just before dawn I stood stunned
by that delirium of stars.
I’ve looked from a friend’s apartment in New York
at nine o’clock in the evening,
likewise astounded by countless windows.
Light everywhere. Light everywhere. And dark.
Coleridge opined that the sublime
can make us feel like nothing.
I’m sure I’d have known as much without him.
The older I become the less I aim
at epic self-expression.
It’s best, I think, as I didn’t always,
to keep my counsel in face of sights and themes
that lie beyond my ken, right where they’ve lain
lifelong, though once ambition
obscured all that. But I check myself:
I’m no more nothing, in fact, than anybody.
My memory feels boundless,
and if it fetches no sublime,
still moments may be fashioned into stories.
As randomly as I might choose a star
or a single light from some high-rise,
I summon a time—or it summons me—
when I and my son, then just three years old,
walked through a patch of woods
to spy on a hidden beaver pond.
I longed for this adventure to unfold
exactly as it did. The wind came right,
and just enough of day
remained for both of us to see
three beavers swimming, a mere five feet from where
we crouched in pond-side reeds.
Clear as judgment in my mind,
the rasp of roost-bound crows, thick August air,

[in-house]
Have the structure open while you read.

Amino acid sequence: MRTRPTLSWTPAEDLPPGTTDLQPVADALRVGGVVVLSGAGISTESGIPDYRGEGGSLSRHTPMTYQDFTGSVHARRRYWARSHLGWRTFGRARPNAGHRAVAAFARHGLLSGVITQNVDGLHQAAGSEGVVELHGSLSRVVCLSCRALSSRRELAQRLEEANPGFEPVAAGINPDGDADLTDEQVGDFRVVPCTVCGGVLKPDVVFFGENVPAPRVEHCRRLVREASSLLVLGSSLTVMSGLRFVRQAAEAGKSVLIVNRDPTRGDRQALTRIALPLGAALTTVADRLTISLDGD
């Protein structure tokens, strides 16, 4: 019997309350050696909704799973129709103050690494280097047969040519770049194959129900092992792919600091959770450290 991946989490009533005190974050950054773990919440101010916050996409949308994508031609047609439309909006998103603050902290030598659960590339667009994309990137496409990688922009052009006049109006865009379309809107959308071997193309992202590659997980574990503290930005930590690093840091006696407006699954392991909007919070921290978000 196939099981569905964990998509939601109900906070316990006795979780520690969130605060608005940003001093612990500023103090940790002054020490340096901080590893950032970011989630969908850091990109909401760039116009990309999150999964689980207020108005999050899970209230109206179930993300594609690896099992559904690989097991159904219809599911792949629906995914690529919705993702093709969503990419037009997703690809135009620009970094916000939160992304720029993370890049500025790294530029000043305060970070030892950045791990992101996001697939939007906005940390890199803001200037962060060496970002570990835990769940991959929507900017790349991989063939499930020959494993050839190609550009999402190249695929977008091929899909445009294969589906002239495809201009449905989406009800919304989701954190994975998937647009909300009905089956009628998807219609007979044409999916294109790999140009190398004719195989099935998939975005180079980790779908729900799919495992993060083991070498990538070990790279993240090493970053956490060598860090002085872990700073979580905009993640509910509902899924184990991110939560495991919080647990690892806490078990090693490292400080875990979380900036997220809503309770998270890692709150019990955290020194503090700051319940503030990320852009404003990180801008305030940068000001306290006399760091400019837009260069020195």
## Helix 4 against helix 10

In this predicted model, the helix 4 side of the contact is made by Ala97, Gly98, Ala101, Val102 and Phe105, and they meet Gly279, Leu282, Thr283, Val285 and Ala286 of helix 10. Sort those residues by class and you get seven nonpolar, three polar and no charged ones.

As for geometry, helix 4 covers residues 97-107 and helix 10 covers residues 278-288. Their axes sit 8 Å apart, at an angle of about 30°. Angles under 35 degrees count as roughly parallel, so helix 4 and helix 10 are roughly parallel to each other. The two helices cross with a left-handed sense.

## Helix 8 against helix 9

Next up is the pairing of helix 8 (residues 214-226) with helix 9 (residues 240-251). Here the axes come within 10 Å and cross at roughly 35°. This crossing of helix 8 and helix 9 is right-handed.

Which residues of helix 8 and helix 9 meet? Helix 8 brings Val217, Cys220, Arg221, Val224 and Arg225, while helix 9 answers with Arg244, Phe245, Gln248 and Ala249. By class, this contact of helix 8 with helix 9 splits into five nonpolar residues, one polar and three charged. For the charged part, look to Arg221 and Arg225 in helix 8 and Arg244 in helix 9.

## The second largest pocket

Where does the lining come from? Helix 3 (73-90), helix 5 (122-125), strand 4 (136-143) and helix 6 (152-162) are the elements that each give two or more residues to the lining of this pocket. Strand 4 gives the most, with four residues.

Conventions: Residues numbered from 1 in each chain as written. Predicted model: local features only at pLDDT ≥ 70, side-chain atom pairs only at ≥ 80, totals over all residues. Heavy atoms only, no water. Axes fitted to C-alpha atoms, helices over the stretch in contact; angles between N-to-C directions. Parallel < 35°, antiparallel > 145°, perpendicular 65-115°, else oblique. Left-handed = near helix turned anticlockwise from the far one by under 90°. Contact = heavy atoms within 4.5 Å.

that tannic orange of the cruising rodents’ teeth.
My son appeared transported
as we left the place by early starlight.
“How was it?” asked his mother back at home.
“Oh, Mom! You should have seen!
There were some bugs in the water! They all were swimming!
All of them were swimming around and around!”
In my twenties then, I didn’t know
how not to feel let down.
I know some things today, that is,
that compensate for slackened aspiration.
That child is forty-seven,
his children much older than he was then.
I study my boy. I’m lost in speculation:
I resembled him, I hope, in intending kindness.
In my case, though, vague zeal
distracted my heart and mind and soul.
He’s taking his daughter to ski this afternoon.
They’ll command an epic view,
yet it may be only the shape of a mogul
or cloud that, come the evening, she’ll retain.
And my son? He has perhaps already traveled
like me to where all types of light are local.